Three friends head to the seafront for a drunken weekend, only to be imprisoned on the top floor of their holiday apartment by a malevolent paranormal force.
I’m a big fan of the Evil Dead franchise, including the remake that was released just a few years ago. Whenever someone tries to compare a movie to that franchise, that creates a certain amount of expectations. I’m expecting to see a mixture of horror and humor bathed in over the top gore, or an intense and bloody experience. I’m on board for either experience. I love a good, fun gore flick, after all. Of course, it’s entirely possible that I’m a very sick man. After all, I’m the guy that laughed when I saw one of the characters in Final Destination gets hit by a bus.
The Snare is one of those movies I heard be compared to the Evil Dead films, so I was naturally curious to see if that held true. It didn’t live up to that description, and honestly, it was kind of unfair to compare it to Sam Raimi’s works. It does its own thing, and should be evaluated on its own merits. It never came across as trying to be like Evil Dead, and whoever thought it was a good idea to hint as much should be punched. It set preconceived notions of what to expect that can hurt the overall experience.
The Snare is about three friends who decide to hole up in a seafront apartment for the weekend for a good time. Things take an unfortunate turn when they end up trapped in the apartment. As they run out of food and water, they begin to break down mentally and physically. It seems like a supernatural force is holding them hostage, and it’s mostly focused on Alice (Eaoifa Forward). The actual presence of the supernatural is called into question because Alice herself may not be the most mentally sound person.
While the film wasn’t as gore soaked as I expected, it was still an effectively tense movie. Having the movie stay mainly within the confines of the apartment, the director is able to create a feeling of isolation and claustrophobia for the characters and the viewers both. As things keep getting worse for our leads, we almost feel as if we’re stuck in the situation with them. The tension is unrelenting.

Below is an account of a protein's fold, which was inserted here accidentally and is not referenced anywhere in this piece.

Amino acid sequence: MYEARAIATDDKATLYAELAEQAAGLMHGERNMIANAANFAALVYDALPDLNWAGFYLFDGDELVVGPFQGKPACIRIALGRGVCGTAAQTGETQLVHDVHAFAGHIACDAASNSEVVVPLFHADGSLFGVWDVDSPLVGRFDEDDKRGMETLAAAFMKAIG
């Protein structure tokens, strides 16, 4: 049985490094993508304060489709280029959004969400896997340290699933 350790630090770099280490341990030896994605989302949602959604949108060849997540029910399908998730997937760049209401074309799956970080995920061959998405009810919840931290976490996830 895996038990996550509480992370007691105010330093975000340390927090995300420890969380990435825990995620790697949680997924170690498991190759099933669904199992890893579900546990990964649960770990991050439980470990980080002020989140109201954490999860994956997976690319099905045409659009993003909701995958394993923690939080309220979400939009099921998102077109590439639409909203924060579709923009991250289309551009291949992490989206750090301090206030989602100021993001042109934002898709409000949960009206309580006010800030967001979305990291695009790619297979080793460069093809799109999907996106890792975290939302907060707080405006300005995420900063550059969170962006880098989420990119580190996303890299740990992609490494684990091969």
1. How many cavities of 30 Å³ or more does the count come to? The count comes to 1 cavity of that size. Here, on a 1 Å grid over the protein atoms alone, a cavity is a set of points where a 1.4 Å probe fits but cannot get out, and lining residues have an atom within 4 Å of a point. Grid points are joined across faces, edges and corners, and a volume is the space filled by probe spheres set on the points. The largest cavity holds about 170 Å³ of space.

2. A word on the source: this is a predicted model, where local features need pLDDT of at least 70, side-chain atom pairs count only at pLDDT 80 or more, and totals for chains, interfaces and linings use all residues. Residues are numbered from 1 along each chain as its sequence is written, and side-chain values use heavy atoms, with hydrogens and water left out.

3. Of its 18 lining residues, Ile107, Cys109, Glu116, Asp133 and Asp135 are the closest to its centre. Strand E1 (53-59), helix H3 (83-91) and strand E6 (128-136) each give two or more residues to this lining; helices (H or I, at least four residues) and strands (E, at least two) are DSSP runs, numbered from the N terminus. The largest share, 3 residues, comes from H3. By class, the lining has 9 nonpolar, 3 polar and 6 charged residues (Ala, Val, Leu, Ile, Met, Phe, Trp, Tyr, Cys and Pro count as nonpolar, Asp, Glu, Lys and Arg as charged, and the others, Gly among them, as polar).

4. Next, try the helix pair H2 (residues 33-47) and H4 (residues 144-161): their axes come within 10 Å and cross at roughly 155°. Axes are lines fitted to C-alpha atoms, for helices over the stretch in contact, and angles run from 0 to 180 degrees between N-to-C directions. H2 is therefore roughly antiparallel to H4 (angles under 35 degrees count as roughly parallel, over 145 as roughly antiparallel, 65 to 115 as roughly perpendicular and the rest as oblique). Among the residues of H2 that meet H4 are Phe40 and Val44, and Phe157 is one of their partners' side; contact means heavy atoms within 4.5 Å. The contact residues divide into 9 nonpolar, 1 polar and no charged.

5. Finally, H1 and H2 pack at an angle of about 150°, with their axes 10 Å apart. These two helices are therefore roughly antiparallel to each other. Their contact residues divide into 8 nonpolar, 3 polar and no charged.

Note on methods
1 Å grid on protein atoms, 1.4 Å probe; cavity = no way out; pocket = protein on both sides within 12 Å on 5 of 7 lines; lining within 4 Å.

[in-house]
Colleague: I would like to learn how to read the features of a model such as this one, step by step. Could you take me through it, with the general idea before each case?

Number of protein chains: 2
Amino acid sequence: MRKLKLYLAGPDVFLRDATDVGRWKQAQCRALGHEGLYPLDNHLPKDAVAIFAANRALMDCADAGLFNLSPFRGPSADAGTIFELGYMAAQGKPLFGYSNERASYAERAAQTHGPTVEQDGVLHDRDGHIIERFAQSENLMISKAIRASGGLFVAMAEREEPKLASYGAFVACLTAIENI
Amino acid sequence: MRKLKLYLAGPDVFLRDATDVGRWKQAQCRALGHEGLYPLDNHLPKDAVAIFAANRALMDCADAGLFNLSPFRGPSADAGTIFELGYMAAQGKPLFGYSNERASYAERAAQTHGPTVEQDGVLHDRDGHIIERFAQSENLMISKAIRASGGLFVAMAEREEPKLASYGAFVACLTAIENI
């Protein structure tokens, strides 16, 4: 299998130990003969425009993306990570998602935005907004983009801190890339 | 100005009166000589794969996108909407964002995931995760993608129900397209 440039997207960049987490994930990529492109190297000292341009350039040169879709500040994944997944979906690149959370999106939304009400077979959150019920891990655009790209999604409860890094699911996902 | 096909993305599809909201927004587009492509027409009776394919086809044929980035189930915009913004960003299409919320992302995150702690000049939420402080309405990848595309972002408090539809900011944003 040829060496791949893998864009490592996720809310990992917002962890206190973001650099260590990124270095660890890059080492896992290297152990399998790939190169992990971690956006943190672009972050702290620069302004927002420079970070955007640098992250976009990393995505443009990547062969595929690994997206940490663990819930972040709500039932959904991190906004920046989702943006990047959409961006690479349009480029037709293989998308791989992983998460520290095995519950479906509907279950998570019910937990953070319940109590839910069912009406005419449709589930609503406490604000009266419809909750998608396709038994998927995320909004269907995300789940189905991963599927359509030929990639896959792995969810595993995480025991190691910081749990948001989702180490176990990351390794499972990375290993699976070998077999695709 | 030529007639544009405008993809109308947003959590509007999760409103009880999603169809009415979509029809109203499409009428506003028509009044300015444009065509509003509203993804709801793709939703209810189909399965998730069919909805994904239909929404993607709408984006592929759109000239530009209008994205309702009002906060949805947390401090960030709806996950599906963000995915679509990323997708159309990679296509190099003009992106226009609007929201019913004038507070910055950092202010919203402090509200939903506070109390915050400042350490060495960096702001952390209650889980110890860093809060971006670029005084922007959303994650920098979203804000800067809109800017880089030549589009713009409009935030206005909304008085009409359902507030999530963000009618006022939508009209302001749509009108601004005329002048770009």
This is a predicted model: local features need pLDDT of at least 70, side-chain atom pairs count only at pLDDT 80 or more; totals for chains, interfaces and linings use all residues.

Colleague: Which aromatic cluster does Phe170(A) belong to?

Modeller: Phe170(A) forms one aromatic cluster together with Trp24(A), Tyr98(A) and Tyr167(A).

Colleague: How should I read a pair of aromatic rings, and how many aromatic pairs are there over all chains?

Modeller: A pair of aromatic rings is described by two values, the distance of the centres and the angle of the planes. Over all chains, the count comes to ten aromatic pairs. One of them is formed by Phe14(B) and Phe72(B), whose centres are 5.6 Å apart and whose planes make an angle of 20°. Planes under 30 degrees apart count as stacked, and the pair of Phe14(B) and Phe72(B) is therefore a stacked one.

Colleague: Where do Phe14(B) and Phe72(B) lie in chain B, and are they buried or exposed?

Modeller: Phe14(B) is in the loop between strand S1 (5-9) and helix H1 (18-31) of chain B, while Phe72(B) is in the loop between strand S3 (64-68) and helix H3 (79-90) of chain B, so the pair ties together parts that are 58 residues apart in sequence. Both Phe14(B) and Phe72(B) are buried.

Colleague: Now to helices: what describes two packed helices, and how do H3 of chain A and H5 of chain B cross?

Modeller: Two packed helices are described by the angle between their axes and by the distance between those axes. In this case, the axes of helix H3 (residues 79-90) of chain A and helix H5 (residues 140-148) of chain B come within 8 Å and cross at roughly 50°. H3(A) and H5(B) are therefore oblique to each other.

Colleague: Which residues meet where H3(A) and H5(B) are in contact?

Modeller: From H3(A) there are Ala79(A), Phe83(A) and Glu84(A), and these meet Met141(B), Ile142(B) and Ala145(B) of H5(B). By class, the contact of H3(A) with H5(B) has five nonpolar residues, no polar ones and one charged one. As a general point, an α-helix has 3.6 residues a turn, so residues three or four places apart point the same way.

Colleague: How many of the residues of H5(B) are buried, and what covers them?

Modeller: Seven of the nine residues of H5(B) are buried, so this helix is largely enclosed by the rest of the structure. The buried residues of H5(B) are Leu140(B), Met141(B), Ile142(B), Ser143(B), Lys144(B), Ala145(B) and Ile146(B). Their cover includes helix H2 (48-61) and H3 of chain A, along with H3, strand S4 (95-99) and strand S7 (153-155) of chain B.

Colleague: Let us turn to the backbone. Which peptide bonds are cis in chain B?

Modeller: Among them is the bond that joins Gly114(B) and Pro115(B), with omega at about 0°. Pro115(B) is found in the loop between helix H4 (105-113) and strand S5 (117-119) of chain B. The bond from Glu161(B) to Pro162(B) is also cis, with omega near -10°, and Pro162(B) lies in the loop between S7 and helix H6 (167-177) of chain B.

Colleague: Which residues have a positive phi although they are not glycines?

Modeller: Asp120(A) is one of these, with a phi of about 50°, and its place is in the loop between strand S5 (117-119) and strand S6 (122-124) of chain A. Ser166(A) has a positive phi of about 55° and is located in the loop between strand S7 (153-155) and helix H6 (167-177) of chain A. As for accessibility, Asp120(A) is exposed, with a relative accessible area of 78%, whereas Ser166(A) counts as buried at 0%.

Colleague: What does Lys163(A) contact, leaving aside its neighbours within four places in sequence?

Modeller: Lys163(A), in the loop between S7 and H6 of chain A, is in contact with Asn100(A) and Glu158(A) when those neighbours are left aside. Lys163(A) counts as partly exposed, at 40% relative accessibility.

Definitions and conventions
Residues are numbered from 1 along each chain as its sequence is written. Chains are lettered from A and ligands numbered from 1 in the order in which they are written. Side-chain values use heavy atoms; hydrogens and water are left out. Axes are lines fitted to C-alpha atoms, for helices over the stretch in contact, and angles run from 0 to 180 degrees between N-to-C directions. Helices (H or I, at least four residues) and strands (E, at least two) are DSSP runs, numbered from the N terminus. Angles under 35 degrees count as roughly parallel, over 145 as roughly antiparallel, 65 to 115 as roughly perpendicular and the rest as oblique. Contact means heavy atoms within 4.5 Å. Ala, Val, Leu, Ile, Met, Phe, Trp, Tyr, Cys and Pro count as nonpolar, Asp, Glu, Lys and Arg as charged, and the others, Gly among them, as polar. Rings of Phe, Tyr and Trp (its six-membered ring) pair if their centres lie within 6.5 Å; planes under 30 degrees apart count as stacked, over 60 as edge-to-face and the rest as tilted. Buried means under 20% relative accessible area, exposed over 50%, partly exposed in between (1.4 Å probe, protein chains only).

Alice herself is having strange dreams and sleep walking episodes that hints that there is a mysterious force at work her, but her behavior only makes her the subject of suspicion. That puts our lead character in the most precarious position. Early on, we get indications that Alice has a feel issues of her own. From watching her father creep on her in the beginning to the movie, and her own dreams/delusions, we are left wondering if there truly is some evil presence behind the characters’ predicament or if Alice’s psyche has taken the last exit to Psycho Town. By raising these questions, the film gives sense of confusion and uncertainty to an already dire situation. Eaoifa Forward does a pretty good job of showing Alice’s own confusion, fear, and vulnerability. She also adds layers to her performance that does a good job of insinuating that maybe Alice isn’t all there.
Dan Paton also shares a lot of screen time. He comes across as having a bit of roguish charm early on while showing signs of explosive anger. Once everyone is trapped is in the apartment, that anger becomes more prevalent. He becomes more paranoid and aggressive the worse things get. He slowly becomes a menacing figure. There’s an undercurrent of danger to the character, and Paton was pretty good at showing that without overdoing it.
Sadly, Rachel Warren as Lizzy didn’t get to do much in the movie. Of the three main characters, hers was the one that ended up with the least amount of screen time. Her character seemed to just lay around and not do much of anything once things got serious. With that said, Warren was pretty decent in the scenes she had. She was very likeable in the beginning of the movie, so seeing her character just give up added an air of tragedy.
On the downside of things, there’s a few things that didn’t make sense. I can understand why a couple like Carl and Lizzy would want to go hang out and party for the weekend in a secluded spot. Why they would bring along Alice was a little curious to me, and she seemed more like a third wheel. Lizzy and Alice were supposed to be childhood friends, but still, it seemed weird to let her tag along. If there was another guy in the group, it could have helped better establish Alice’s participation. Maybe Carl wanted to get up to some kinky hi-jinks with both ladies?
Another thing that stretched creditbility is that near the end of the movie (spoilery-territory here), Carl snaps and decides to force himself on Lizzy. This is a person suffering from starvation and dehydration. He had already made things even worse for himself by giving himself food poisoning, so I doubt he would have the energy to suddenly decide “I’m gonna have me some rape for lunch!”
With that said, The Snare was a very taut movie. Solid performances, a claustrophobic atmosphere, and unsettling imagery helps come together to create a very effective and disturbing experience. I definitely recommend giving it a watch. Just don’t go looking for the next Evil Dead.